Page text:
Eradication can’t happen, you might say; there exist tons and tons of books and there’s the World Wide Web on which so much information is lodged. Well, there have been literally thousands of book burnings throughout history.
To name just two examples, in the 1930s and 1940s the Nazis burnt the works of Jewish authors and other so-called “degenerate” books and in 1975-6 the Viet Cong conducted several book burnings in (what had previously been) South Vietnam. Moreover, I don’t know if you’ve noticed, physical books are becoming increasingly less popular . Why buy a book if you can get a digital version?
In short, what if a Pol Pot-type person (Pot and his minions wanted to turn the world and its history back to so-called Year Zero) gained international ascendancy and what if the situation described in Ray Bradbury’s 1953 novel Fahrenheit 451, in which books are outlawed and must by law be incinerated, pertained? What if such circumstances came about?
And what if – it’s one of the many issues, besides cluster headaches, that often wakes me at 3am – what if there were some sort of world-wide disaster or “act of terrorism” that completely wiped out the WWW?  I assume that those who know much better about such matters would reply that this is virtually (ha ha) impossible, that there’re backups all over the world, and so on. Fair enough, but I seem to recall that not a few boffins told us a year or so ago that, given our technology and knowledge, there was no way there could be a pandemic that would bring some of the world’s economies to their knees.
But listen, I accept that I have been painting in broad, sweeping strokes and using a grandiloquent and fantastical palate; let me come down to earth a little.
Just as the rabbis said, “Whoever saves a single life is considered by Scripture to have saved the whole world” (Babylonian Talmud, Sanhedrin 37a), let us agree that s/he who saves one fine piece of historical research, can be considered to have achieved a great deal.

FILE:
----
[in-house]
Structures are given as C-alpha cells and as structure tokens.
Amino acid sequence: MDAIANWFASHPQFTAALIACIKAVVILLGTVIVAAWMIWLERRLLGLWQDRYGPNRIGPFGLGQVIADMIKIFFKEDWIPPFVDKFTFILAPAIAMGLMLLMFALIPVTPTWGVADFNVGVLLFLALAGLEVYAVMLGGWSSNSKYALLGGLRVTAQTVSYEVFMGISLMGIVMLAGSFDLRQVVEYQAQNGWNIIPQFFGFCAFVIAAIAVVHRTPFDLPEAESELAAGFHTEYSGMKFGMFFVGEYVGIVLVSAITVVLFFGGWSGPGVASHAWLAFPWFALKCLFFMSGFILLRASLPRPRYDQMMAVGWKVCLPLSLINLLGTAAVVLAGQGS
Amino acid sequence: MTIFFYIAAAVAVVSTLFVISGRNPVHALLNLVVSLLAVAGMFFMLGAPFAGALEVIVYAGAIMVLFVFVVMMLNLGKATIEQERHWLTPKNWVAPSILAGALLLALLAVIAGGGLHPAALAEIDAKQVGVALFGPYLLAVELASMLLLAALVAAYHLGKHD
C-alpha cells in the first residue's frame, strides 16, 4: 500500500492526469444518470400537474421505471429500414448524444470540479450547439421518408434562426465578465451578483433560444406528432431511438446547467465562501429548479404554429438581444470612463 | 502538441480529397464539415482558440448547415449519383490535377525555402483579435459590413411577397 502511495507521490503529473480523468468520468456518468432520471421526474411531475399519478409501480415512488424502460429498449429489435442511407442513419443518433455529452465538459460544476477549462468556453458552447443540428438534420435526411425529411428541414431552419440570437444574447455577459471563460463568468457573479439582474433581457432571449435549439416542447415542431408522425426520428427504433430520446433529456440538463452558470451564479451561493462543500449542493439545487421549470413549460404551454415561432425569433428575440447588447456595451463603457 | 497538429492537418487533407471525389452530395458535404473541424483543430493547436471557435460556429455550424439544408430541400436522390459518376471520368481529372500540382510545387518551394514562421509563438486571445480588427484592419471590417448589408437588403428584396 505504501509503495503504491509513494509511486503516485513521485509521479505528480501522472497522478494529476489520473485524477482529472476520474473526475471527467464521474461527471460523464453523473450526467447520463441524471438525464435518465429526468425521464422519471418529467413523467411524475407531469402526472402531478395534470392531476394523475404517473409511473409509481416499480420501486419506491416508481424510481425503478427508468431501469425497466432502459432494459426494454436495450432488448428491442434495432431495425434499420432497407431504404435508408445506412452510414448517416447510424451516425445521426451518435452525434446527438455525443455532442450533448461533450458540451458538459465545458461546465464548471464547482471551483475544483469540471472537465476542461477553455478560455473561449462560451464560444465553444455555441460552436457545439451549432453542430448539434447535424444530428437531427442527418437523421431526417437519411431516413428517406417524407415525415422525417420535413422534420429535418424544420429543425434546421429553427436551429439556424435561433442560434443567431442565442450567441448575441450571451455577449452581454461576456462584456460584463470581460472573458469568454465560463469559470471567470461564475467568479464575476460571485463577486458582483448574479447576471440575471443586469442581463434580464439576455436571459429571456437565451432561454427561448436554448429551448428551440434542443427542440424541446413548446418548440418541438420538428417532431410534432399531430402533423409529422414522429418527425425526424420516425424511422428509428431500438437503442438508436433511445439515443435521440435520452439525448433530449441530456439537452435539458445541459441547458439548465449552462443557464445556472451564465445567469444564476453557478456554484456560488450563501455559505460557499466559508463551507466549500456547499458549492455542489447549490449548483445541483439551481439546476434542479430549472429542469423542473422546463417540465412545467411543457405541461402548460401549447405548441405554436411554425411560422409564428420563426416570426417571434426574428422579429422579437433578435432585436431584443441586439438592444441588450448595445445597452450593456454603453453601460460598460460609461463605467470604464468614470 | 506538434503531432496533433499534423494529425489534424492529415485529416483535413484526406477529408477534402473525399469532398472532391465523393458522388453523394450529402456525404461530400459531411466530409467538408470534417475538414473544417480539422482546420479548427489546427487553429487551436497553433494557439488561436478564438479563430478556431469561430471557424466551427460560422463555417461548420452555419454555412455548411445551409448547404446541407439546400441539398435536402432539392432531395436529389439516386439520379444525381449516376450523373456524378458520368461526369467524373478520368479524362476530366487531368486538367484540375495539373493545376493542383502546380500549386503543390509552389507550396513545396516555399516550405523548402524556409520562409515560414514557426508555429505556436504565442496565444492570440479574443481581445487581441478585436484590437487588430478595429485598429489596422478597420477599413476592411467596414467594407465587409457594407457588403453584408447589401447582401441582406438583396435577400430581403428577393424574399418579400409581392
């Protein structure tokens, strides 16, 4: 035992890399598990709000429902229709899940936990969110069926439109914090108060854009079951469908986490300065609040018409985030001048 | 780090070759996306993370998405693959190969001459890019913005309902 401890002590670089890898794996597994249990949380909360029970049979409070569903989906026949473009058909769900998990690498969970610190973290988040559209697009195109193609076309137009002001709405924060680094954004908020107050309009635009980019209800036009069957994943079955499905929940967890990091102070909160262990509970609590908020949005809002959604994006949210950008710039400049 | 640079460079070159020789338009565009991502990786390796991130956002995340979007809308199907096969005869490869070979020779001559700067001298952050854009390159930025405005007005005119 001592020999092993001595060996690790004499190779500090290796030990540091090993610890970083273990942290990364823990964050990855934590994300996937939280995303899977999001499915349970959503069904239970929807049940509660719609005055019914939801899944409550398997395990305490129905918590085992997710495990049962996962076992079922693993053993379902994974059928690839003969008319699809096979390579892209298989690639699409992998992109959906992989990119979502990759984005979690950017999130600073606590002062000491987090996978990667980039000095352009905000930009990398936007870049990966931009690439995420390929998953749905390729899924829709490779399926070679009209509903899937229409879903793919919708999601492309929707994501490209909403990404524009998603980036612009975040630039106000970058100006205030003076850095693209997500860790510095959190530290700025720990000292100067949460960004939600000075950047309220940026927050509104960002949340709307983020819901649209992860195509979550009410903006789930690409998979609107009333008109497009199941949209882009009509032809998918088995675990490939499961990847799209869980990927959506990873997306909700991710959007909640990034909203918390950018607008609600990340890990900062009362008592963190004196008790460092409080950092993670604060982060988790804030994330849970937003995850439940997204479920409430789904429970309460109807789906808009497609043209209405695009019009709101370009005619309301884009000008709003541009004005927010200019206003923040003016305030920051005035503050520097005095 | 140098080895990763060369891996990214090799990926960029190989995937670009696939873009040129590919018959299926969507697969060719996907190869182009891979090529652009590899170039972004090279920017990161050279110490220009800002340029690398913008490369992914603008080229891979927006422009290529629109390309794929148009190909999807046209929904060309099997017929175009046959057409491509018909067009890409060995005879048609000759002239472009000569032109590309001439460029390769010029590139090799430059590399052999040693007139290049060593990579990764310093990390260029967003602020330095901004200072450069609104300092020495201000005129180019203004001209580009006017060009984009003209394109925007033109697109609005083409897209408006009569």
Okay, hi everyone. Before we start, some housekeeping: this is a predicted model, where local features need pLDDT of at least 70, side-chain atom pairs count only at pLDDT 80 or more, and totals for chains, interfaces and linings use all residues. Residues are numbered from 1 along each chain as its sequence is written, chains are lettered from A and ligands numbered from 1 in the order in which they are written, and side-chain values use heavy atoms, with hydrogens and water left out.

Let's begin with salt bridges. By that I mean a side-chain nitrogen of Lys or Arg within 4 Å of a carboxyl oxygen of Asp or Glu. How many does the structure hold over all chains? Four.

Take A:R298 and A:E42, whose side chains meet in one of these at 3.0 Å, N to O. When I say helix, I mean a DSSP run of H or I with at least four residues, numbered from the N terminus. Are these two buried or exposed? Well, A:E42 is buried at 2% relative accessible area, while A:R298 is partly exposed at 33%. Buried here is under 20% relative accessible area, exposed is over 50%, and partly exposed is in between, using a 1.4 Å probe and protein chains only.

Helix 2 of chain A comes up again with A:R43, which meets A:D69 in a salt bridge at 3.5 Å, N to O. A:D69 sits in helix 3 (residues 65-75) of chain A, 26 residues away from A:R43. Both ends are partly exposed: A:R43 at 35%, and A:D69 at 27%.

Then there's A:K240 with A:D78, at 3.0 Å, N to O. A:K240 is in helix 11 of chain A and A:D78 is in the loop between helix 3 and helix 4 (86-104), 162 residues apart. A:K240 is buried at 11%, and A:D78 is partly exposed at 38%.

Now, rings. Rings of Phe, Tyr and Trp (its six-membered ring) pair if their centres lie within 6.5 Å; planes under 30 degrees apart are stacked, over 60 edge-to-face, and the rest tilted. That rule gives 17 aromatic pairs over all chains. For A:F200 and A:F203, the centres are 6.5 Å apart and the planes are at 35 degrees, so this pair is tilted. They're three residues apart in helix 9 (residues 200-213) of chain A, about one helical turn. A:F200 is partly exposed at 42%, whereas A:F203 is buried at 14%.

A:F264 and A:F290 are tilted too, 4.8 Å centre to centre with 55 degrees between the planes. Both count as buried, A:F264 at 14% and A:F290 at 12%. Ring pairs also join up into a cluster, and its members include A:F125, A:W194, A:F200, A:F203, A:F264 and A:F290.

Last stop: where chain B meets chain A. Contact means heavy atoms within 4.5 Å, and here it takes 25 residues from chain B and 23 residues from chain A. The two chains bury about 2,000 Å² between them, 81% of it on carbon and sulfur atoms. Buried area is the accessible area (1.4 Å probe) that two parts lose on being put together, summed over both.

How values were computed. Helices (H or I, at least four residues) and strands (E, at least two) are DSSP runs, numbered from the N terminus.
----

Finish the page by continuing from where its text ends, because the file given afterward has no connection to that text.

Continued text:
Well, it just so happens that, in pursuit of a private project, I have recently read four related Politicsweb pieces by James Myburgh. They are:
‘The meaning of Mandela's prison manuscript’ (2014),
Each is about Nelson Mandela and mainly investigates why the revelations of Mandela’s long-denied membership of the Communist Party, and the significance thereof, have failed to intrude on the Western understanding of South Africa’s history. The investigation is detailed and painstaking, drawing together various books, documents, manuscripts, and “evidence”, and is even-handed to a fault.
That Mandela probably had constructive reasons in 1990/91 for wanting his CP membership to disappear is not disputed nor is Mandela “attacked”. The main question is why his CP membership remains memory-holed from such history. And these pieces represent a truly remarkable suite of historical research; read them yourself and you’ll see.
“So what?” you might reply for a number of reasons: either you’ve read the pieces, or you already knew about this facet of Mandela’s biography, or the pieces can be found on Politicsweb; or you think the information is not that important or relevant anymore.
Fair enoughsky, as the rabbis also said. But what if, as I asked above, the internet disappeared? More to the point, what if our old friend (if I may) from the fifth and sixth paras above, or his co-believers, friends, followers, or descendants have their way?
Might they not argue that Myburgh is not only a non-black man, but is moreover disqualified in terms of national origin and gender from daring to have researched the life of Mandela? Consequently, in terms of the International All Lives Matter Equally (But Some More Than Others) Act of 2033, Myburgh’s research must be spiked for all eternity.
The above are the reflections of an old honky who has found inquisitorial cant coming to the fore around him, and open minds and common-sense crumbling around him, and at first felt bewildered. But now I think the thing to do is to read, re-read, and cherish the conscientious and honest stuff as much as possible – and Myburgh’s pieces are but one example of this; thankfully, there are many others too. Also, ignore the Sillies as much as you can; with a bit of luck, they too might get memory-holed.
 Some booksellers claim this is not true, but what else can they say?
 Don DeLillo has a short novel out about just this, The Silence (2020). If you can’t get it from your local bookseller, there’s always a (ha ha) digital version available.